Yankee Group North American Linux Windows TCO Survey
Well, here is the Exec Summary report of "Redmond vs. Redhat"
over the last 12 months. "Veeery" interesting data by the
venerable Laura Didio at the Yankee Group.
"An overwhelming 88% of corporations report that Microsoft Corp.'s
Windows Server 2003 operating system provides equal to or better
performance and reliability than Linux in comparable usage scenarios.
Those are the results of Yankee Group's independent, non-sponsored
North American Linux Windows 2005 TCO Comparison survey. The results
indicate that Microsoft's continued attention to hardening the core
Windows operating system yielded tangible performance improvements.
The 88% of corporate customers who rated Windows performance equal
to or better than Linux is a 12% increase from the 76% of customers
who ranked Windows on a par with Linux in Yankee Group's 2004 TCO
Yankee Group's March 2005 poll of over of over 500 North American
users indicates there is no universal clear-cut TCO basis to compel
the corporate masses to do a wholesale switch from Windows to Linux
as there is for a migration from Unix to Linux. And there is no
indication that users are replacing Windows with Linux. The majority
of wholesale Linux defections continue to come at the expense of
mid-range UNIX installations, although many organizations are
installing Linux as a complementary OS to existing Windows servers.
The survey found that Linux has maintained, but not expanded its
healthy 15% market share compared with a 73% for various versions
of Windows server from 2004 to 2005.
The survey emphasized that businesses continue to expand the ways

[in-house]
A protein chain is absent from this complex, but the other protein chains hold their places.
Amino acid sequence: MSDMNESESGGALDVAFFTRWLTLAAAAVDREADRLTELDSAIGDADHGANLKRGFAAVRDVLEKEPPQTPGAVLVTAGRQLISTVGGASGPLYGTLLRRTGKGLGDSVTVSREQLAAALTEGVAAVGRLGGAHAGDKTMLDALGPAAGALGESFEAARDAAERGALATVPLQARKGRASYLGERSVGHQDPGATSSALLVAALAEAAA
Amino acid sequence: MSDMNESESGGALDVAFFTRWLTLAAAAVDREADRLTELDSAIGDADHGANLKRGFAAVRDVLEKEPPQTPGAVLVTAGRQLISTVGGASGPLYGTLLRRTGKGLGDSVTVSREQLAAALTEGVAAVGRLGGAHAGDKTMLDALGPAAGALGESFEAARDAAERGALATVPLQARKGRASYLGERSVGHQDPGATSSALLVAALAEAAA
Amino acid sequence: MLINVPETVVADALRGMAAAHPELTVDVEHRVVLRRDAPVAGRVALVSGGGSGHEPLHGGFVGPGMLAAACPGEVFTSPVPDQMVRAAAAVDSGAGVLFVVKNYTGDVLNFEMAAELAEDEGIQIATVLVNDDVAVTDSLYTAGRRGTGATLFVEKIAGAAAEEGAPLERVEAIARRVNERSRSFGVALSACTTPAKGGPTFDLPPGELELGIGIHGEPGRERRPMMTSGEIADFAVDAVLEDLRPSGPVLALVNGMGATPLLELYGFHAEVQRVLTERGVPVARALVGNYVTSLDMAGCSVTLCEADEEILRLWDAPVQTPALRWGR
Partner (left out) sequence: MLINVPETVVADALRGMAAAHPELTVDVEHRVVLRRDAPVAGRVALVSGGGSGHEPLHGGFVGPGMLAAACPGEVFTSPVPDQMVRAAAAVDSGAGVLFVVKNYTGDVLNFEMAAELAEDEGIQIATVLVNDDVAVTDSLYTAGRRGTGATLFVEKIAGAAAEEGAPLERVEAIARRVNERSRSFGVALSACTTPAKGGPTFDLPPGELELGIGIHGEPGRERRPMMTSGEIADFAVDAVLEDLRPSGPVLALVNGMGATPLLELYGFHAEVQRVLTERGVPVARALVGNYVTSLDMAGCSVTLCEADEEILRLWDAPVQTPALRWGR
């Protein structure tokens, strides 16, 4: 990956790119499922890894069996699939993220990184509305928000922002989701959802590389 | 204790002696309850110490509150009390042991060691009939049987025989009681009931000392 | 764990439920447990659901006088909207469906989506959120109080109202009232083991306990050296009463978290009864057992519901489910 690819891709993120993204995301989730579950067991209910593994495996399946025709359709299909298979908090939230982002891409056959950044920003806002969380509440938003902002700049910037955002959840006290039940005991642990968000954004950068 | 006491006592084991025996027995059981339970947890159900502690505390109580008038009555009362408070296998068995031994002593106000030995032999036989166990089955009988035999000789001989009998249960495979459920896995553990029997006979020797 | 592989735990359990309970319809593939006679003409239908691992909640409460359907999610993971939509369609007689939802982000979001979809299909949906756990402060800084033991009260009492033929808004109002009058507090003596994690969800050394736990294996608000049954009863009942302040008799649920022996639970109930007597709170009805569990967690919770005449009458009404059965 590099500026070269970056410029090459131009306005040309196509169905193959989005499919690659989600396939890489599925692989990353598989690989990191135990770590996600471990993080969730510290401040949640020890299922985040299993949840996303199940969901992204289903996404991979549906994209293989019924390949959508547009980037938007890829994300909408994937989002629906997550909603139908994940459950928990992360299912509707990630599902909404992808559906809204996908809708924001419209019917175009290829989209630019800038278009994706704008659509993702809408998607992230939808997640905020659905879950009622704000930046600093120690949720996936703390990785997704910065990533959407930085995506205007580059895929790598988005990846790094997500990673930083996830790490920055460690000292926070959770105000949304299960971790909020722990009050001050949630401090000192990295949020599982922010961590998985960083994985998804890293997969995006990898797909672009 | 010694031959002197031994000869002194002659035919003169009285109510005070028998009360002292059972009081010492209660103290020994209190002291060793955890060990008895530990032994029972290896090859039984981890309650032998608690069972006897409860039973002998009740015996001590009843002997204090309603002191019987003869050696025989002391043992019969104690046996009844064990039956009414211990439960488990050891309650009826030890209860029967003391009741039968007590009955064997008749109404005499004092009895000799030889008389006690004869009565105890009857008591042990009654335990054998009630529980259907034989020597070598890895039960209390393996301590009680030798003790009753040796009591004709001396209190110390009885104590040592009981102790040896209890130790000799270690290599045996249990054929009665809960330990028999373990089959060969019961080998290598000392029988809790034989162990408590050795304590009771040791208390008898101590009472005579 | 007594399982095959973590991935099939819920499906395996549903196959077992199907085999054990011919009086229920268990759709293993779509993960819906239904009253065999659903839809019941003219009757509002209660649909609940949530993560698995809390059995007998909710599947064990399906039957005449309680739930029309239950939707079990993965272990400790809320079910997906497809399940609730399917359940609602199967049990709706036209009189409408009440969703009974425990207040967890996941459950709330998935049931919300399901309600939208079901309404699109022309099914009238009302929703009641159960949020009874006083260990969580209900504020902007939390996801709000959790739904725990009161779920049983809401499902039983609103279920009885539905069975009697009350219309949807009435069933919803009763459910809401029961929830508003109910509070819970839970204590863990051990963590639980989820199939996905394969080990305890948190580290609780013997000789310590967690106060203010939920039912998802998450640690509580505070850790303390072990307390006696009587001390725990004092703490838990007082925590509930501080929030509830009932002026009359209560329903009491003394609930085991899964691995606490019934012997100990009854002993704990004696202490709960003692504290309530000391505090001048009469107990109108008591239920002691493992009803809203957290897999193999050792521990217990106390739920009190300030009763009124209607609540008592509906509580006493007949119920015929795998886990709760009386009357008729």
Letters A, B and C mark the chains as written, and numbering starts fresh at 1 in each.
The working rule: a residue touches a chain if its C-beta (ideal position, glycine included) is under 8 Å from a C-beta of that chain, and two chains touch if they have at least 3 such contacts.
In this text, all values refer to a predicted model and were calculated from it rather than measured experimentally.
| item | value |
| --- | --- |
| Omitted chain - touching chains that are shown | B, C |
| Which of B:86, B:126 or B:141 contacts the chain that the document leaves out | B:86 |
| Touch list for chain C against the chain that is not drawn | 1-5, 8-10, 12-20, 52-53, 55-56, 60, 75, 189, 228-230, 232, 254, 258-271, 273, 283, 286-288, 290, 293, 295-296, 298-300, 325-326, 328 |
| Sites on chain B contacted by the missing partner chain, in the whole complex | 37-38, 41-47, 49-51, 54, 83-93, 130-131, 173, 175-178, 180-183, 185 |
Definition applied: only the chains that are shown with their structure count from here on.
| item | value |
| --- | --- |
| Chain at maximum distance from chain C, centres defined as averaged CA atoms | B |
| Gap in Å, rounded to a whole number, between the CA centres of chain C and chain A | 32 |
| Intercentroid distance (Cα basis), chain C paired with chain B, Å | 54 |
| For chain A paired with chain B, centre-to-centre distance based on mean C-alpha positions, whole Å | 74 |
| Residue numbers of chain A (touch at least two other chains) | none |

in which they utilize Linux. Over 50% of corporations now utilize
Linux for a variety of functions including: Web server, Email server
and specialized application server. Perhaps the most startling
survey revelation was the fact that over 50% of the respondents
said they had performed a thorough TCO analysis. But when asked
to calculate their specific Linux and Windows capital expenditure
and maintenance costs, 75% on average, could not answer explicit
Businesses lack crucial TCO information such as the cost of a
Linux or Windows server upgrade; what they're spending on network
management, third party applications, tools and utilities, ongoing
maintenance, security, systems downtime, calls to the Help Desk and
hardware and software break/fixes!
The absence of such crucial financial information makes it highly
unlikely for corporations to make informed purchasing decisions
and it heightens their risk of choosing technology(ies) that are
ill-suited to their business needs.
The 20% of Yankee Group survey respondents who did possess the TCO
data, indicated the most crucial issues and events that negatively
and positively impact TCO and ROI, occur at the application layer
and services portion of the software infrastructure and not at
the core server operating system foundation layer.
The survey yielded other surprises as well. Among the highlights:
- Users rated security of Linux and Windows Servers nearly equal.
The average security rating for Linux servers was 8.3 compared
with 7.6 (on a scale of 1-to-10) for Windows servers.
- Windows Servers recover 30% faster from Security attacks than
Linux. It takes approximately 12 hours to restore Windows servers
from a security attack compared to about 17.5 hours to bring
back a Linux server.
- Patch Management Woes Lessen for Windows, on the Rise for Linux.
Windows security and patch management woes a major source of user
concern and angst in Yankee Group's Linux, Windows and UNIX 2004
TCO Survey, have largely dissipated.
- At the same time, Linux users expressed growing concern over
the "forking" of the Linux and open source distributions - that
is, the various versions of Linux distributions or customized
versions of Linux could result in major management woes. The